The overall concept of an Honda saw room for improvement, however, and debuted its latest airbag design on Friday.hasn't changed drastically over the decades. To this day, it's the best line of passive defense in a crash aside from a seatbelt.
While the concept remains the same -- the goal is to always keep occupants as stationary as possible in a crash -- the newboasts not one, but three inflatable elements. Think of the Honda airbag like a catcher's glove in baseball. There's a main element, like a traditional airbag, but also two side chambers that project outward. With the two extra elements, the airbag more effectively "catches" a driver or passenger's head and keeps it there.
The idea is to minimize the possibility of an occupant's head and face sliding off a traditional airbag or rotating extensively. When this happens, the chance of injury increases. The new airbag also includes what Honda called a "sail panel" that stretches between the two side panels to cradle a driver or passenger's head even better and pull them inward.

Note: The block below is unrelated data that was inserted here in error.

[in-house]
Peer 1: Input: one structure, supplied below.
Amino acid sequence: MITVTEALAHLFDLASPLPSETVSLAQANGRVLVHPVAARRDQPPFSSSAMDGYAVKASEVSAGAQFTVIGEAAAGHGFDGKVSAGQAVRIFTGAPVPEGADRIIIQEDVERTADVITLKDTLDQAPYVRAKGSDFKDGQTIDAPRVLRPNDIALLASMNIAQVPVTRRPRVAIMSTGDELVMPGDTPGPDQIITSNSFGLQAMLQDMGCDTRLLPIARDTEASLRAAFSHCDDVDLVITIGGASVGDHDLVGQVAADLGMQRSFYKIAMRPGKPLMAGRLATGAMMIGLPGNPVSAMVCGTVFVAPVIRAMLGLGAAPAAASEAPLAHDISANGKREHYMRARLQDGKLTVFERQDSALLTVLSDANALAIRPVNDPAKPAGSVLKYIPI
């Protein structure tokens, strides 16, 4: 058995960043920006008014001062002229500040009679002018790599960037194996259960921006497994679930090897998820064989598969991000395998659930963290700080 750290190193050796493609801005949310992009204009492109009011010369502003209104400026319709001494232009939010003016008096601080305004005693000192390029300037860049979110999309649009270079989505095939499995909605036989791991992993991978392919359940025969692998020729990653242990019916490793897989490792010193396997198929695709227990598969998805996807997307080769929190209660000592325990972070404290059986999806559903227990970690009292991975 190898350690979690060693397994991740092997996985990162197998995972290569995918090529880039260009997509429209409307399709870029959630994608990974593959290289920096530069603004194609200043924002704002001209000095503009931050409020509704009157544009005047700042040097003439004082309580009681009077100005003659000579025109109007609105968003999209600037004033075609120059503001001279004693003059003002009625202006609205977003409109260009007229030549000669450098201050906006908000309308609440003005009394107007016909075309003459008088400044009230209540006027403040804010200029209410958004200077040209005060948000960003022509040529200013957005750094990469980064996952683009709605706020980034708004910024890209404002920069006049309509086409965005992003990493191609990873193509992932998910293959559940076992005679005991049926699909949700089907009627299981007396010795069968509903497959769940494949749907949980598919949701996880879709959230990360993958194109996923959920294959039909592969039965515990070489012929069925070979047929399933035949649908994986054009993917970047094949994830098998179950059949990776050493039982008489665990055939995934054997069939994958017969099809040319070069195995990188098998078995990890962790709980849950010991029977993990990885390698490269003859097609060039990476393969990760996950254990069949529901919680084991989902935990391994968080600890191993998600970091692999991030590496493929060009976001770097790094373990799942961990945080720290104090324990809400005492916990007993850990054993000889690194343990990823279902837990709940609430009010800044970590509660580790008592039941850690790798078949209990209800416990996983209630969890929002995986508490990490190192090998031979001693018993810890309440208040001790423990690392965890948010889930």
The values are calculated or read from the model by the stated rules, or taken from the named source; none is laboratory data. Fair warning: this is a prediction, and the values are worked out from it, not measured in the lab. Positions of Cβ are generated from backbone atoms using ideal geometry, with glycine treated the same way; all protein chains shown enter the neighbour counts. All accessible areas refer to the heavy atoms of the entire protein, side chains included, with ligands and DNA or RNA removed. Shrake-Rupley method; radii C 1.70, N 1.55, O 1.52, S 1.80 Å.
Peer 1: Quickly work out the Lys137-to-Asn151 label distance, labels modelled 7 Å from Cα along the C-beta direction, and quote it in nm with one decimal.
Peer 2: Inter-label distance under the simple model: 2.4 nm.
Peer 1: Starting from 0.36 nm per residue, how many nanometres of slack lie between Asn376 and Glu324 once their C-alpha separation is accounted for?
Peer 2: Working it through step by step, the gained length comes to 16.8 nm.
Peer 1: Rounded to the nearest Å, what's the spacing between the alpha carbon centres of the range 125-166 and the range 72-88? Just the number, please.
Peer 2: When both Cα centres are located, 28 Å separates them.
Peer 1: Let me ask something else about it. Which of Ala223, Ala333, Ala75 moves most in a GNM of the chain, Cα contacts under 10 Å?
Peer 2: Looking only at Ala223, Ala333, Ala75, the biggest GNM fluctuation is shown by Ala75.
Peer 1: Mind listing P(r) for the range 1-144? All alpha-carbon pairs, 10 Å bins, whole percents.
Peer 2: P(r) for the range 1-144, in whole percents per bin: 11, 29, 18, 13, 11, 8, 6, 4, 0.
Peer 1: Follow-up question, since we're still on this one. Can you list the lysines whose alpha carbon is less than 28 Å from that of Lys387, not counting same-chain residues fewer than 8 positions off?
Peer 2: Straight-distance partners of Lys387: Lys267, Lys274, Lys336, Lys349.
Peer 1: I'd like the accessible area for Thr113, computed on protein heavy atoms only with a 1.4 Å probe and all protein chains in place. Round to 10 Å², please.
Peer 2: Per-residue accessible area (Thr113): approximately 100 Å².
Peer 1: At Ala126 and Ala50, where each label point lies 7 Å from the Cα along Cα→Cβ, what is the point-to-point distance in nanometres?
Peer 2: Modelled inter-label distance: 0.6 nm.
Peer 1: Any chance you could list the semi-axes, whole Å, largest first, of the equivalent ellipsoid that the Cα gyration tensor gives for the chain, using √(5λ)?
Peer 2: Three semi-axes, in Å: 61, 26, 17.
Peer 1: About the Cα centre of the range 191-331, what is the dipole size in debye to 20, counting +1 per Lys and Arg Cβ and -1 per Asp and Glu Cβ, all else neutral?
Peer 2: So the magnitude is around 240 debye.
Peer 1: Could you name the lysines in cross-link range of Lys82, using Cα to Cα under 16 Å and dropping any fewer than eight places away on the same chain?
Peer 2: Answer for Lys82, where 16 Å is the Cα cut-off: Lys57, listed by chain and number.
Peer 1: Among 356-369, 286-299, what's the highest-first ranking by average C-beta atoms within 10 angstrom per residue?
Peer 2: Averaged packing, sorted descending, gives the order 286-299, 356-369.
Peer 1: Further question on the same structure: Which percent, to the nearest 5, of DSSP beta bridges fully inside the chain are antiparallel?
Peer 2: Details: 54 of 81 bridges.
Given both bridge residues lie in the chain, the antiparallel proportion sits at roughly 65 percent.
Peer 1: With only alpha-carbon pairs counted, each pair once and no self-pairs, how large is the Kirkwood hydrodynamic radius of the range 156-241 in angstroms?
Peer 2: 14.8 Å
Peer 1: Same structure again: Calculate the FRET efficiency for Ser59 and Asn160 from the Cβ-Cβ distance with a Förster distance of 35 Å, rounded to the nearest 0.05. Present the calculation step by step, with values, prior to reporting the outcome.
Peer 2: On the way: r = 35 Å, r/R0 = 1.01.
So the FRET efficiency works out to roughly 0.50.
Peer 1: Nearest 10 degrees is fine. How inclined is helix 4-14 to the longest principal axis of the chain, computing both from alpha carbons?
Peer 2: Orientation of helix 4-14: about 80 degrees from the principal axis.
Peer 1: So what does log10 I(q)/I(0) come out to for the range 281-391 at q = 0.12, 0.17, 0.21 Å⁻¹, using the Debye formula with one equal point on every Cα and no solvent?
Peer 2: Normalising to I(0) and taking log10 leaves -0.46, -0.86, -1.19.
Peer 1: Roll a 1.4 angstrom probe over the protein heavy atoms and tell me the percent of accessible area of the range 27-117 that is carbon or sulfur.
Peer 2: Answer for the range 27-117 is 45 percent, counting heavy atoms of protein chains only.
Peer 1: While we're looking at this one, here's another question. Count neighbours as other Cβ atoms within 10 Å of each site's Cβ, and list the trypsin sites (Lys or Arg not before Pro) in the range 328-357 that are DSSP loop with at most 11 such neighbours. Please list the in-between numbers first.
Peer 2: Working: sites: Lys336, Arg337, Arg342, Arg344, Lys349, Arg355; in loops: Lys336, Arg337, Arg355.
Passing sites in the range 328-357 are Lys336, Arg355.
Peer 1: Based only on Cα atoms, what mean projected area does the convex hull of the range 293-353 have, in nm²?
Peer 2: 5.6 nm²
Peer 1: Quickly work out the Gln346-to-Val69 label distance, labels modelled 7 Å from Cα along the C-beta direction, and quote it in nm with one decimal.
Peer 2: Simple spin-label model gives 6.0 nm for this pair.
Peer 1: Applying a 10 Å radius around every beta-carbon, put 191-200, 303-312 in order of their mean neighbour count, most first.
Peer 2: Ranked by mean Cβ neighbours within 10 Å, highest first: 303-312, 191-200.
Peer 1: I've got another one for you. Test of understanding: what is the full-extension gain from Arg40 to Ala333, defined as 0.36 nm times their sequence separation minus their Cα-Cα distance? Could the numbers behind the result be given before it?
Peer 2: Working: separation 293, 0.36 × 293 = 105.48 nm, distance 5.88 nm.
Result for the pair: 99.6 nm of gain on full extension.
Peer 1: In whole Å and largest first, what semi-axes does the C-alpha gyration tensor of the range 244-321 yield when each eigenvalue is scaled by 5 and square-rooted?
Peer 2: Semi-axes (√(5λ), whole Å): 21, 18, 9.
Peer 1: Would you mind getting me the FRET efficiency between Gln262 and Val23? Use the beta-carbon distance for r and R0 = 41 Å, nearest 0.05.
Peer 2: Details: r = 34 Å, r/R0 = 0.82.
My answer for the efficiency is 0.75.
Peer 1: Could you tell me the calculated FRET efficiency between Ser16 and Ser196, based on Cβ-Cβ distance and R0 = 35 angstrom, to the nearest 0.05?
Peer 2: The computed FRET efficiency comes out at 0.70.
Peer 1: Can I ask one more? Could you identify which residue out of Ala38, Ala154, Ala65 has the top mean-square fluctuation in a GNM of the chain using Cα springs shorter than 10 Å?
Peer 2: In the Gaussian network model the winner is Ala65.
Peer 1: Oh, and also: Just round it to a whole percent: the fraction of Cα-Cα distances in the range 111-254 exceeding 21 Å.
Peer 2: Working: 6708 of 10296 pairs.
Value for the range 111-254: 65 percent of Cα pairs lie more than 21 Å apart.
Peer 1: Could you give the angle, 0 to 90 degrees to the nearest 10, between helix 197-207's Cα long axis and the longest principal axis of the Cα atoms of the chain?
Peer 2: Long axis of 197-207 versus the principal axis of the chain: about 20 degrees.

The Japanese automaker said this particular kind of airbag may be more effective in other various frontal collisions aside from head-on impacts. Angled crashes between a vehicle and another vehicle are common, as are angled crashes between a vehicle and a stationary object.
Honda didn't say it explicitly, but the thinking sounds a lot like the IIHS' small-overlap tests. Here, a vehicle strikes a stationary object mostly with the driver's or passenger's side of the car's frontal area. It's not a direct head-on crash and simulates crashes such as when a driver unwittingly drifts across a double yellow line.
Now that engineering has wrapped up at Honda's research and development center in Ohio, the automaker plans to implement the new airbags in its US-spec vehicles starting in 2020.